Every area around Lake Livingston has some sort of wild life. You can find wild life even in the residential areas. In some areas, deer roam the yards of the homes. Take some time on your next visit to Lake Livingston, look closely into the woods, you may be surprised at the wild life that you can spot. During the day, deer often lie in the woods and are not easy to spot. The best time to spot deer is early morning or at dusk.
On rare occasions in some of the coves that have a creek you may catch a glimpse of an alligator. Most of the time, the alligators are content on living in the creeks, and they generally do not venture into the main lake area. Most alligators, tend to stay away from humans, but if you do see an alligator, never approach it. Always enjoy the view from a distance.
Remember that all wild life are just that,wild animals. Enjoy seeing the wild life from a distance. Even the cutest animals can pack a powerful bite.
In the water, you can find birds, and alligator. On your next boat ride, look closely at the shore, you may find a deer, fox, raccoon getting a drink of water. If you watch the water, you may see a turtle coming up for a breath. There are several species of snakes around the lake including water moccasins.
Lake Livingston Wildflowers
During the spring, your drive to Lake Livingston can be very pretty. Along the roadsides, you can see bluebonnets, indian paint-brush, indian blanket, and buttercups. Some of the roadsides around Lake Livingston also have a spectacular display of wildflowers.
Bluebonnets are the Texas state flower. You can view them from March to early May. They appear along many roadsides. The bluebonnet was named due to its resemblence to a bonnet. It grows from 15-24 inches.
Indian Paint Brush bloom from March to May with a peak blooming season in April. Most of the Indian Paint Brush's growing near Lake Livingston are a bright scarlet.
Indian Blankets bloom from April to July. These flowers are red, orange, and yellow. They were named for the resembalnce to the colors seen in Indian Blankets.
The Buttercup is a light pink flower with a white and yellow center. They bloom from April to June. During past years you can see many Buttercups lining the roads near Lake Livingston.
Lake Livingston Water Conditions
All lakes have hazzards that you should be aware of, and Lake Livingston is not any different. Lake Livingston is a very large lake. If you are boating you could find yourself in the middle of the lake with the shore a long distance away. Be sure that you have life jackets for all members of your party, along with all state regulated items for your boat.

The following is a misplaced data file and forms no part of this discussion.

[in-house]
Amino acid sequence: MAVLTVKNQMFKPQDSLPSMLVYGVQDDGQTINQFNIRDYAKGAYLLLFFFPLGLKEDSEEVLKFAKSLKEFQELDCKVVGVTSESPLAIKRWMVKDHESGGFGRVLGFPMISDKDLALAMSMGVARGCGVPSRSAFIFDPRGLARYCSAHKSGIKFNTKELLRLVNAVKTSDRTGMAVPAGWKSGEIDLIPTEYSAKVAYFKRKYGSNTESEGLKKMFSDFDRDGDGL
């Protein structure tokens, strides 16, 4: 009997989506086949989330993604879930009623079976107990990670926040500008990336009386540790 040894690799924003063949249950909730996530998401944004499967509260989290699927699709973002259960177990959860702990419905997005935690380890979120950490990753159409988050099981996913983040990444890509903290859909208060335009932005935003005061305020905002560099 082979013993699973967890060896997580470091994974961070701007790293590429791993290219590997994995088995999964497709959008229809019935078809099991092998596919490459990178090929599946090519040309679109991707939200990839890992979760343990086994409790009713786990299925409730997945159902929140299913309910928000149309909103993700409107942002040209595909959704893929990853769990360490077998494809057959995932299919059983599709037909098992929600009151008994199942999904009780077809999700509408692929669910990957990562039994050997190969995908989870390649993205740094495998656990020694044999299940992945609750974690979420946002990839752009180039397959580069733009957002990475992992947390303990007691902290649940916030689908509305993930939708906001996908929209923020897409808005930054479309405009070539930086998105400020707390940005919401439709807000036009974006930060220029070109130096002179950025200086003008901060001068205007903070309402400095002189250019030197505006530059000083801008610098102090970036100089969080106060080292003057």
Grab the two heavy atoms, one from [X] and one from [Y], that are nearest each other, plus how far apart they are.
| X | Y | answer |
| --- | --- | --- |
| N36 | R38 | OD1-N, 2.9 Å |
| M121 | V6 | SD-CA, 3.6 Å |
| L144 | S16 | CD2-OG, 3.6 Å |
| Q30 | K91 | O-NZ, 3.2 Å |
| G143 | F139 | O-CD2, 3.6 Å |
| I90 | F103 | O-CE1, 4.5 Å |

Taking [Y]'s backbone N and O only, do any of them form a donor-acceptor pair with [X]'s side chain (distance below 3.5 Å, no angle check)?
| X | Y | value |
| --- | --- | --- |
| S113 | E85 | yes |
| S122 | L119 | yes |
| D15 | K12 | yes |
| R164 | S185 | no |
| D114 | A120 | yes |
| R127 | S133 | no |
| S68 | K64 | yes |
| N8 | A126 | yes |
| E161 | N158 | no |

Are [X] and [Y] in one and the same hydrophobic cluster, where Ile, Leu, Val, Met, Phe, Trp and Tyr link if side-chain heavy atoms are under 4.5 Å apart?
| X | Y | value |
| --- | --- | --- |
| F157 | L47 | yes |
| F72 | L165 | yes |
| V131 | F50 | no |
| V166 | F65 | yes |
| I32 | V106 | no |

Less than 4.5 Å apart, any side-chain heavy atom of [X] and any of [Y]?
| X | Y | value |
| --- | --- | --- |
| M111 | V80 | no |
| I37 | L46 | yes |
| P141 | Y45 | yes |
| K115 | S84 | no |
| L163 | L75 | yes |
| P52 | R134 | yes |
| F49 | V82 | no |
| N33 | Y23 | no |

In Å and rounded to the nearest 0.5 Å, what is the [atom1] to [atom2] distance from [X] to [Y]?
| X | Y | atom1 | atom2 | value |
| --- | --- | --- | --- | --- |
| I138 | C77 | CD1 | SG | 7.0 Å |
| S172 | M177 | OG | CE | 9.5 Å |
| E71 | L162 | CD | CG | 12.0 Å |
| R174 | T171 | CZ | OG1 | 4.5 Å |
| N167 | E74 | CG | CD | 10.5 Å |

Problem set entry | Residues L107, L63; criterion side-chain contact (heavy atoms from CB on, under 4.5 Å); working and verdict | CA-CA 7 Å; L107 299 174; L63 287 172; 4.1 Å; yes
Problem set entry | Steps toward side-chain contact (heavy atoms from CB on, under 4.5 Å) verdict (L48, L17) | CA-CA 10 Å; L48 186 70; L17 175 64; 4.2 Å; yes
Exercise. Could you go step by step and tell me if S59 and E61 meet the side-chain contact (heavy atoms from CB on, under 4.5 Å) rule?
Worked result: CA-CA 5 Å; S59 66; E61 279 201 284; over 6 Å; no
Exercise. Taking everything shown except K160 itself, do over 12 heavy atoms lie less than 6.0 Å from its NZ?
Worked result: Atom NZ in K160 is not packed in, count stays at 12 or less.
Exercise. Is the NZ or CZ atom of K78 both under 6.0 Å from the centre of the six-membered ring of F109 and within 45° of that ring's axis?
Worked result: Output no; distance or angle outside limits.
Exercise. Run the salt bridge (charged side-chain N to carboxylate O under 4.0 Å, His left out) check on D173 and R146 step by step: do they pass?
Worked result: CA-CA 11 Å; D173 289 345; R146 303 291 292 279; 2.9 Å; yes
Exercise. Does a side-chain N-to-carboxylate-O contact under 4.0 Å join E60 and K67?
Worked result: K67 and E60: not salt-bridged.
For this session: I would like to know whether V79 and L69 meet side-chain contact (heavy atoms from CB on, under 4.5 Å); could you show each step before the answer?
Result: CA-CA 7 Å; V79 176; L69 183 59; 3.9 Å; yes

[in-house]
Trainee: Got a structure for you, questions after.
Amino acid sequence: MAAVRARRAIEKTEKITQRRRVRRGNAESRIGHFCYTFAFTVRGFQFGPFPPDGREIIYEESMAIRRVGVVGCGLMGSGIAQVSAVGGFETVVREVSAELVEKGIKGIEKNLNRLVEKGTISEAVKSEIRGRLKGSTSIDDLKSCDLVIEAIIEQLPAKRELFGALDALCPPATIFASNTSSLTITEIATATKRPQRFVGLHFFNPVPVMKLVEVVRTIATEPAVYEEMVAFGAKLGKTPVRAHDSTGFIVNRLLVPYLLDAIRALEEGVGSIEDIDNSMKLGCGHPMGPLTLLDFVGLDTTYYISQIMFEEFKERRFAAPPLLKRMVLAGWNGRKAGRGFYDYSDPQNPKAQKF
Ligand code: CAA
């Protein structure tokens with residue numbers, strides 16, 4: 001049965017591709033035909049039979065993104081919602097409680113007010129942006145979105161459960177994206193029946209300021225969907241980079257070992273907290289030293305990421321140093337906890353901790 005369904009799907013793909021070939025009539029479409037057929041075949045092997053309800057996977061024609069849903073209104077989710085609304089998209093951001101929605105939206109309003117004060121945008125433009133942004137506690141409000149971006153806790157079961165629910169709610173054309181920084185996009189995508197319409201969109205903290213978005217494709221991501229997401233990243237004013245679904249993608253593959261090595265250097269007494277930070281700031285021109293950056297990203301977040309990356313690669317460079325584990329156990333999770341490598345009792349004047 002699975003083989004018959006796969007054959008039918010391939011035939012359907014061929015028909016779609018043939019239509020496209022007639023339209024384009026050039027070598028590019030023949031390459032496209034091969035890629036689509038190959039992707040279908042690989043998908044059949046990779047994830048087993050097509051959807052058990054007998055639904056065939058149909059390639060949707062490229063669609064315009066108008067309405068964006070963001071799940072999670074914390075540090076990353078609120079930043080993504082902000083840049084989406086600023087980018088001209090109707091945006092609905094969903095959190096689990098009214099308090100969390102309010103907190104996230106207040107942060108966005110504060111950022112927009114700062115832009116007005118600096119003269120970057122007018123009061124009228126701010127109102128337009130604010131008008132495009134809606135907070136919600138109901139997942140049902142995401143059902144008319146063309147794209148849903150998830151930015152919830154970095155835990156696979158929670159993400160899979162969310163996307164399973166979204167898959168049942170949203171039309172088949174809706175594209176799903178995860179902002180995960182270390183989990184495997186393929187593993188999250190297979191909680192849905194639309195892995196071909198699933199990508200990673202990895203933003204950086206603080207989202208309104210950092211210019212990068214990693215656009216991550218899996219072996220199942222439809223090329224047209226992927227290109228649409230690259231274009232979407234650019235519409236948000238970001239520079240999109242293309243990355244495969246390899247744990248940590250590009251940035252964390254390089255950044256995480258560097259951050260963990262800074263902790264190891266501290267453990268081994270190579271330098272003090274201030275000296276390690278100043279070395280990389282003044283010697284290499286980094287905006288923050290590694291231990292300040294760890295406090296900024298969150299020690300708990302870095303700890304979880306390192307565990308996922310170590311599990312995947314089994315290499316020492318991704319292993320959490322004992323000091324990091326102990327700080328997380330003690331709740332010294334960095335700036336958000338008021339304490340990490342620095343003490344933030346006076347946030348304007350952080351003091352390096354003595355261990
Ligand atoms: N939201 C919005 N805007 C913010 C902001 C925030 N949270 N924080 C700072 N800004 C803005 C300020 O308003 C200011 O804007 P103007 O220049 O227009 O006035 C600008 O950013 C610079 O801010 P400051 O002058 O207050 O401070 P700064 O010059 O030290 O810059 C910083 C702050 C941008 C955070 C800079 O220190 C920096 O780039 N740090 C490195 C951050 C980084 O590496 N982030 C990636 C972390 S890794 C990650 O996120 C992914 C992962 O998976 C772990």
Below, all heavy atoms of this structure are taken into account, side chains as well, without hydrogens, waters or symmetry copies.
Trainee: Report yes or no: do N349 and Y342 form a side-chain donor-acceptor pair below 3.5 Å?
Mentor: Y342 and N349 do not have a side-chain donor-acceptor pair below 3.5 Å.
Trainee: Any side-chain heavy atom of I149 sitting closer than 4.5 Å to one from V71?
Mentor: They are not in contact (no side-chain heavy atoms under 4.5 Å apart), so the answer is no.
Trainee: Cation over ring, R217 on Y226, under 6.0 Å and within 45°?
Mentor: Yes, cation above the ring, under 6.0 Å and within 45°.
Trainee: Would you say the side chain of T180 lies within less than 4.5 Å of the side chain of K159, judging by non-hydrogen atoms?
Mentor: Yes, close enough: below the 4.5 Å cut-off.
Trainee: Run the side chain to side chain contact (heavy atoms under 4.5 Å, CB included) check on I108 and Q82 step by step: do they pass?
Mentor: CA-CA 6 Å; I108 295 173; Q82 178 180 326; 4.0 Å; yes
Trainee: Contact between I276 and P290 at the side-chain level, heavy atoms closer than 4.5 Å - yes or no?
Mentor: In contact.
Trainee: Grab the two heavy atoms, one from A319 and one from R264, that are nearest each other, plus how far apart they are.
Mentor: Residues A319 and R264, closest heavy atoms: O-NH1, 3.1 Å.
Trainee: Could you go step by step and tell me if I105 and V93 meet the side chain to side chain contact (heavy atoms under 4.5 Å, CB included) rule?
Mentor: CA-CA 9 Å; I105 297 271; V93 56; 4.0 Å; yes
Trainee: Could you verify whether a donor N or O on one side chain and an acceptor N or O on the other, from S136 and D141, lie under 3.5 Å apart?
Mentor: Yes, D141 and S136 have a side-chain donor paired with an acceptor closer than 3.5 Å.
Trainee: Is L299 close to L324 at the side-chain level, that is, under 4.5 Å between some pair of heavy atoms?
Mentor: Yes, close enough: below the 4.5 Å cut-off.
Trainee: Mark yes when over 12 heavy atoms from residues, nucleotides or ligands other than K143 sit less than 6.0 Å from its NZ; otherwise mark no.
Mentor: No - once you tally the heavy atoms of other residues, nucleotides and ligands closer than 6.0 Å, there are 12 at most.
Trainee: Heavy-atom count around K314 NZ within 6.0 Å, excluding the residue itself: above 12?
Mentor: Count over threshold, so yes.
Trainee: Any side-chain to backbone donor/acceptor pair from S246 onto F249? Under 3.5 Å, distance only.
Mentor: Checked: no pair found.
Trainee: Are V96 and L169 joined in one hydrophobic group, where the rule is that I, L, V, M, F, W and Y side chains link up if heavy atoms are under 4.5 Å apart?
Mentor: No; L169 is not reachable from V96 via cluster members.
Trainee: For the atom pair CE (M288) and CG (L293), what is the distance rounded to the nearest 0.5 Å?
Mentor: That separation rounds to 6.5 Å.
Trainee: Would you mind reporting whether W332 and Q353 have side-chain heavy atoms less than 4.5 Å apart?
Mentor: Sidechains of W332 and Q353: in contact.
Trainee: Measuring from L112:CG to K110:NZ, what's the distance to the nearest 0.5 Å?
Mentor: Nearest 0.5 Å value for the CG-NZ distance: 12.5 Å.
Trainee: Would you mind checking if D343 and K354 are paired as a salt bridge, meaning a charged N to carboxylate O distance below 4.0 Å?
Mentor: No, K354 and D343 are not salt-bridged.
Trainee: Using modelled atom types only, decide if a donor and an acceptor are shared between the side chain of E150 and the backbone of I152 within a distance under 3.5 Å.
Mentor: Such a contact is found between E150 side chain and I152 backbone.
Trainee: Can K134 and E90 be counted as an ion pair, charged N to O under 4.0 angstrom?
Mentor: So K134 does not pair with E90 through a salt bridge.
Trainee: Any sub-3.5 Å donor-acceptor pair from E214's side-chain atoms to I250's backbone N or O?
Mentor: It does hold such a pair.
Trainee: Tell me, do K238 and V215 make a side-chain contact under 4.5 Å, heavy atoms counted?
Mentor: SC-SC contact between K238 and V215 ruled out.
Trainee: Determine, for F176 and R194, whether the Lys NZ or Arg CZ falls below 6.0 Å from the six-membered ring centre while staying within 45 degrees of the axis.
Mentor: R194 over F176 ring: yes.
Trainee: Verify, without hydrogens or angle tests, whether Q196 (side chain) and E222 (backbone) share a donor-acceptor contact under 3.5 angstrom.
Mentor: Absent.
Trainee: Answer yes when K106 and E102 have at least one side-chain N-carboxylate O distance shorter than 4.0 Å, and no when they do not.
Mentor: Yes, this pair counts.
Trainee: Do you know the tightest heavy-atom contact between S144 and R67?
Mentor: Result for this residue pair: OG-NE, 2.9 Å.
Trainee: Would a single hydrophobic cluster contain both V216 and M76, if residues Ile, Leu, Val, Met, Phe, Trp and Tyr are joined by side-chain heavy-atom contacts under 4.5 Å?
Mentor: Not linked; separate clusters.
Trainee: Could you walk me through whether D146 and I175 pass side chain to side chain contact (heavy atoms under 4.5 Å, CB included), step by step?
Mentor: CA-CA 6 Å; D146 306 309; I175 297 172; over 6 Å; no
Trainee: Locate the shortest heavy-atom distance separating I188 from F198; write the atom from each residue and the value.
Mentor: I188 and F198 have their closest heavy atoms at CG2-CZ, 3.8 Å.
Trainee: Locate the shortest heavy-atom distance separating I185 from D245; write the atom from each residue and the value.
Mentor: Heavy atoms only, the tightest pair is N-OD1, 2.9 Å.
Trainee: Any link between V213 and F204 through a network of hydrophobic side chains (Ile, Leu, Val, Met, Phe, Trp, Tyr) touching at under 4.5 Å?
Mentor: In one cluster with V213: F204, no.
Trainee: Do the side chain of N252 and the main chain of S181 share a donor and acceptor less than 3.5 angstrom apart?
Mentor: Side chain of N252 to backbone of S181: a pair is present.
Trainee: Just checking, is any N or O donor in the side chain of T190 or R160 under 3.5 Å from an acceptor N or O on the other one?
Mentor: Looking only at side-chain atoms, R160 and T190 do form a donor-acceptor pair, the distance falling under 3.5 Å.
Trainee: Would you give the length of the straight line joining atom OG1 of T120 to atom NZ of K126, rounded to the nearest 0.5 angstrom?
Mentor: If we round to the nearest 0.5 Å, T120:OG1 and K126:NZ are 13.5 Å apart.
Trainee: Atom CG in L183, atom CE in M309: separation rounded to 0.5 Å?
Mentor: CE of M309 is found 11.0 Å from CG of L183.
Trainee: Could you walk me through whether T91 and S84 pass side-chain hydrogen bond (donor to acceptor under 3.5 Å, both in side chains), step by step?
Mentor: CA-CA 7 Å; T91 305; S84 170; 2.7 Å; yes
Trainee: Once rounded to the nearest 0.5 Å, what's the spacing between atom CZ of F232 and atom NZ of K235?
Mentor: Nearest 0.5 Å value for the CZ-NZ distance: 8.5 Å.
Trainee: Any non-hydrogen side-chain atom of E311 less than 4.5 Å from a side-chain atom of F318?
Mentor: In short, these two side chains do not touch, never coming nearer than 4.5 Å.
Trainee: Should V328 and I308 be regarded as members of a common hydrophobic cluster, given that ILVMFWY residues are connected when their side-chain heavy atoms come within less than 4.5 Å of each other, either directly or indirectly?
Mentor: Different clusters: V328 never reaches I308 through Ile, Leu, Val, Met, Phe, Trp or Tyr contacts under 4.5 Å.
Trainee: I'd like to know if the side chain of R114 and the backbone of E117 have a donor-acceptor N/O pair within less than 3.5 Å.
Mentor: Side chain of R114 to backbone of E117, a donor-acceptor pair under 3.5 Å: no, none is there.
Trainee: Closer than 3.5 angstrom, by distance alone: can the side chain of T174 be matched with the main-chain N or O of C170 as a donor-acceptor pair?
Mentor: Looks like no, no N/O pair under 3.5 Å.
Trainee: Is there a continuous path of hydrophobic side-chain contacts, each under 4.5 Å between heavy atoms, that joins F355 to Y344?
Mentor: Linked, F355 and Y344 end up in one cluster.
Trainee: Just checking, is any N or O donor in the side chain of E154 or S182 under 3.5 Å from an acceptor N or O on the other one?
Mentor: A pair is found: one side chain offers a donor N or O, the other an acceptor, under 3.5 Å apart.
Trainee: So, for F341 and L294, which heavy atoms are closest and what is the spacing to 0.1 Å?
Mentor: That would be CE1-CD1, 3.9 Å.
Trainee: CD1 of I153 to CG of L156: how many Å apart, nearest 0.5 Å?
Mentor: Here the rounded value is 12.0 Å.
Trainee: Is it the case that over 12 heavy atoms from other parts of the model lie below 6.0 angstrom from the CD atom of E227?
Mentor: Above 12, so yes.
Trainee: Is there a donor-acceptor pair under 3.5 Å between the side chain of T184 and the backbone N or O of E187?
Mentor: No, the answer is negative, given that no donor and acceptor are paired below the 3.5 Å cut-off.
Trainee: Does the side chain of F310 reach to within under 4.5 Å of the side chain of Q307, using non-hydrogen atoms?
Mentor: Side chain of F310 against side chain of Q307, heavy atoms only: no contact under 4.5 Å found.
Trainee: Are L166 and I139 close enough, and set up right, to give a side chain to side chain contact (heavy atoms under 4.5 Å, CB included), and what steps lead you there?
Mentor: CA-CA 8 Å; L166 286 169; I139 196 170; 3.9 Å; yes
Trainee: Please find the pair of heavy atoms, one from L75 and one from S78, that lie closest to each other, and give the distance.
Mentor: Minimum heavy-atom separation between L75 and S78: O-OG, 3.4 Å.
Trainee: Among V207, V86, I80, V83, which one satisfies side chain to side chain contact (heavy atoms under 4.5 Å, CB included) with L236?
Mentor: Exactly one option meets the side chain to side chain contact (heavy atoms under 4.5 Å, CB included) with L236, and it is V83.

Like all lakes, you need to beware of the weather. Storms can come up suddenly. Wind can cause high waves, which can make navigation difficult for small boats. If you are taking a boat trip, be sure to have an up to date weather report.
Lake Livingston was a man made lake in 1969. When the lake was filled, all of the trees were left. There are many hidden underwater trees. If you plan on water skiing or using your jet ski, please make sure that you have surveyed the area that you plan to enjoy your water sport for the hidden underwater trees.
Lake Livingston is the home of numerous alligators. The alligators seem to be the most active during mating season. May and June seem to be the time of year that you will encounter the most alligators. The alligators tend to stay way from humans, but please be aware of the danger that an alligator may create for you and your family.
Like all lakes in Texas, occassionally you may come across a water moccasin.
While visiting the lake, you may be tempted to just take a nice cool relaxing swim. Before entering the water it is best to make sure that you have a safe place to exit before entering. You can't tell how deep the water is just by looking at it. If you enter from a drop off and not a slow gradual entry, you may find yourself in deep water and may not be able to get out of the water where you went in. So much of the lake area has bulk head and if there is not a ladder you may not be able to get out. Also be sure to look around the area you plan on swimming. Like all lakes there can be snakes and an occassional alligator.